Zadarex OP t1_jeeoaty wrote

In social animals that form flocks, individuals compete or cooperate to gain access to shared resources. In particular, group-foraging individuals frequently engage in aggressive interactions with conspecifics, including threat displays and physical attacks, in order to acquire food resources. Here, we investigated social interactions in flocks of captive tree sparrows (Passer montanus) to observe the formation of dominance hierarchies. We also examined correlations between social status and morphological traits to identify which physical traits act as indicators of dominance. To do so, we recorded aggressive behaviours (attacks and threats) of tree sparrows caught in two distinct regions in the Republic of Korea (Gwangju and Gurye). After merging the two groups, we examined dominance structures using David’s scores for one month, and we recorded 1,051 aggressive interactions at a feeder in a group of 19 individuals. Using the number of aggressions and attack and threat behaviours, we tested whether morphological traits and sex influenced dominance structures. Aggressions were significantly more frequent in males than in females. However, no significant difference was observed the frequency of between- and within-sex aggression. In addition, differences in the frequency of aggression behaviours were observed between capture-site groups. Dominance structure was significantly correlated with certain morphological traits; specifically, the frequency of attacking behaviours was correlated with bill-nose length, and the frequency of threat displays was correlated with sex and badge size. These results suggest that social signals are closely related to morphological traits that are used to form dominance hierarchies in tree sparrow flocks.


Zadarex OP t1_je2g28t wrote


Introduction: The growing prevalence of obesity and related type 2 diabetes is reaching epidemic proportions in the Gulf countries. Oxidative damage and inflammation are possible mechanisms linking obesity to diabetes and other related complications, including cardiovascular disease (CVD).

Aims: To measure the effects of increased fruit and vegetable consumption on body weight, waist circumference, oxidative damage, and inflammatory markers.

Materials and Methods: We recruited and followed up with 965 community free-living subjects. All recruited subjects had fruit and vegetable intakes, physical activity, antioxidants, and markers of oxidative damage and inflammation measured at baseline and follow up. A validated, semi-quantitative food-frequency questionnaire was used to assess subjects’ fruit and vegetable consumption. We stratified subjects based on their daily fruit and vegetable consumption and compared metabolic risk factors between those with high fruit and vegetable consumption and those with low consumption. A multiple logistic regression analysis was performed to determine the independent effects of fruit and vegetable intake on changes in body weight and waist circumference (WC).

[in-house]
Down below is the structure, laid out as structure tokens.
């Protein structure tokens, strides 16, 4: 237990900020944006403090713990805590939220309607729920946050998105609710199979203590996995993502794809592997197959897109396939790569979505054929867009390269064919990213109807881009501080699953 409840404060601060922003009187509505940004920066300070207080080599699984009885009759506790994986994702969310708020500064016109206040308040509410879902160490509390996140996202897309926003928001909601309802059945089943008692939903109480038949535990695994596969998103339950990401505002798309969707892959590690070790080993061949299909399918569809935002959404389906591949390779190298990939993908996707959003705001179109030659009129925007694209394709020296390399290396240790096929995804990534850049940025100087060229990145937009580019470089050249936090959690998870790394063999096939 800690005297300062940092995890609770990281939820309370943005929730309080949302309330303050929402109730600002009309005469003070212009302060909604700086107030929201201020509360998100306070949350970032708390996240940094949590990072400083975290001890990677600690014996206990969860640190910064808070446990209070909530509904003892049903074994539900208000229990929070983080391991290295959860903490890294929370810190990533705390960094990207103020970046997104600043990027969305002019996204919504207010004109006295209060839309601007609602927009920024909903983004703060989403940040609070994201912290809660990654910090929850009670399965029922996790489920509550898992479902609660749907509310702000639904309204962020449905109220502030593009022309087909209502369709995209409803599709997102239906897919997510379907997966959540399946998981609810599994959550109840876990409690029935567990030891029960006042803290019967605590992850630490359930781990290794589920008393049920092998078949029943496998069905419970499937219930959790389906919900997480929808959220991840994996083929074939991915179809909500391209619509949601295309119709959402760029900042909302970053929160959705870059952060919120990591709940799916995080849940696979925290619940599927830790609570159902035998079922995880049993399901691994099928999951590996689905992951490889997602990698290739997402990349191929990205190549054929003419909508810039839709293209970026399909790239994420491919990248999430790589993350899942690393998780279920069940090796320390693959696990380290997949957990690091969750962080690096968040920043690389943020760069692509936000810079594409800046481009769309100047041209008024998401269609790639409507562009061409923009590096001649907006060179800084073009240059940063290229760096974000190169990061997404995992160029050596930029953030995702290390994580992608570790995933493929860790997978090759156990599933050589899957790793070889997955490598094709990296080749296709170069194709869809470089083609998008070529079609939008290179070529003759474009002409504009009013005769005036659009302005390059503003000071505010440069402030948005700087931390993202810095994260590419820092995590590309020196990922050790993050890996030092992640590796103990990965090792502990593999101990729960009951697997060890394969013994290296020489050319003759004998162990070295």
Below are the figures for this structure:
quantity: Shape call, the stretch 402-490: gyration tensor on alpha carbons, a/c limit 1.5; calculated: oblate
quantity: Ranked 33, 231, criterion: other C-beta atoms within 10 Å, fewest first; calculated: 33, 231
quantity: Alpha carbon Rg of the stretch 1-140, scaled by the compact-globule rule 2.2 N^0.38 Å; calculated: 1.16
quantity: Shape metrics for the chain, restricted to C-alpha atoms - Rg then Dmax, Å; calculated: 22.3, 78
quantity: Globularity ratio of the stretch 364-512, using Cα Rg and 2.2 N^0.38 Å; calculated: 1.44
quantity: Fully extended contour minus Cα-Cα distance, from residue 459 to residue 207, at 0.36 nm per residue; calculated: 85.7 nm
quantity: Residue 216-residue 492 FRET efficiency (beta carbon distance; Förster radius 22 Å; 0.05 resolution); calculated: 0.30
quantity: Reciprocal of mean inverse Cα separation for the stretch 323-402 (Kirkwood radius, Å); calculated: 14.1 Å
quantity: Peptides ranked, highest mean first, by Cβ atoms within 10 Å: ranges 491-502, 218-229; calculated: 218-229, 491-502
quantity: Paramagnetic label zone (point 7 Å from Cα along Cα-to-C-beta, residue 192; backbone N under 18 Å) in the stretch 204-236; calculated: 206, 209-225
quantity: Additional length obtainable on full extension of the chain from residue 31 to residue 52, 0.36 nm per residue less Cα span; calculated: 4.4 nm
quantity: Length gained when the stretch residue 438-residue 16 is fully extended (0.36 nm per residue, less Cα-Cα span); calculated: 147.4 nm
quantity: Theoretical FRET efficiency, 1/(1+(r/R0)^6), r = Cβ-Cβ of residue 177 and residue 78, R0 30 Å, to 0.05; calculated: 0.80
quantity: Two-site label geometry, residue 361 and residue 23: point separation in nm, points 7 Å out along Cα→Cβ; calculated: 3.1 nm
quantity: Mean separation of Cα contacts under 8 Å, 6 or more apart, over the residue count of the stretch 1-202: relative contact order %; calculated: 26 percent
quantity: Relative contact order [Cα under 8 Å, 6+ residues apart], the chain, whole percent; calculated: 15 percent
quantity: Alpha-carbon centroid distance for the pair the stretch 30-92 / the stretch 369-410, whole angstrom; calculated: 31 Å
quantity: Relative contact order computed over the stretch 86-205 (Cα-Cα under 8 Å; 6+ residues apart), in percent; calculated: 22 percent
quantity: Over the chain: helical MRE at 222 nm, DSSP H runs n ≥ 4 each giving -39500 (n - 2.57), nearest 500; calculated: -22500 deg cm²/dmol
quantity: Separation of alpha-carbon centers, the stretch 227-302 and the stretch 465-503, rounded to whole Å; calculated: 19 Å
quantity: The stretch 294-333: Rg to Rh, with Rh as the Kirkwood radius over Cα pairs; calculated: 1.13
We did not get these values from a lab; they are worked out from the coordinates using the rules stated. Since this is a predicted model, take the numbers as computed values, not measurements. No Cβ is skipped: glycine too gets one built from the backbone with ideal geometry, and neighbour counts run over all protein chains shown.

Results: A total of 965 community free-living subjects (801 (83%) females, mean (SD) age 39 ± 12 years) were recruited and followed up with for a mean (SD) period of 427 ± 223 days. Using WHO cut-off points for body mass index (BMI), 284 (30%) subjects were overweight and 584 (62%) obese, compared to 69 (8%) at normal body weight. An increased fruit and vegetable consumption was associated with a significant decrease in inflammatory markers (hs CRP, TNF-α) and oxidative damage markers (TBARs) and with increased antioxidant enzymes (catalase, glutathione peroxidase) compared to a low consumption (p < 0.05). The benefits of an increased fruit and vegetable consumption in obese subjects was independent of changes in body weight and WC and was maintained at follow up.

Conclusion: Our results support the beneficial role of a higher fruit and vegetable intake in obese subjects independent of changes in body weight and WC.


Zadarex OP t1_jdwemof wrote


  • Forced loss lowers social ranks and induces depressive-like behaviors
  • Forced loss generates negative reward prediction error
  • Forced loss but not natural loss activates LH-LHb circuit and induces LHb bursting
  • LHb burst firing inhibits mPFC and reinforces subordination


Downward social mobility is a well-known mental risk factor for depression, but its neural mechanism remains elusive. Here, by forcing mice to lose against their subordinates in a non-violent social contest, we lower their social ranks stably and induce depressive-like behaviors. These rank-decline-associated depressive-like behaviors can be reversed by regaining social status. In vivo fiber photometry and single-unit electrophysiological recording show that forced loss, but not natural loss, generates negative reward prediction error (RPE). Through the lateral hypothalamus, the RPE strongly activates the brain’s anti-reward center, the lateral habenula (LHb). LHb activation inhibits the medial prefrontal cortex (mPFC) that controls social competitiveness and reinforces retreats in contests. These results reveal the core neural mechanisms mutually promoting social status loss and depressive behaviors. The intertwined neuronal signaling controlling mPFC and LHb activities provides a mechanistic foundation for the crosstalk between social mobility and psychological disorder, unveiling a promising target for intervention.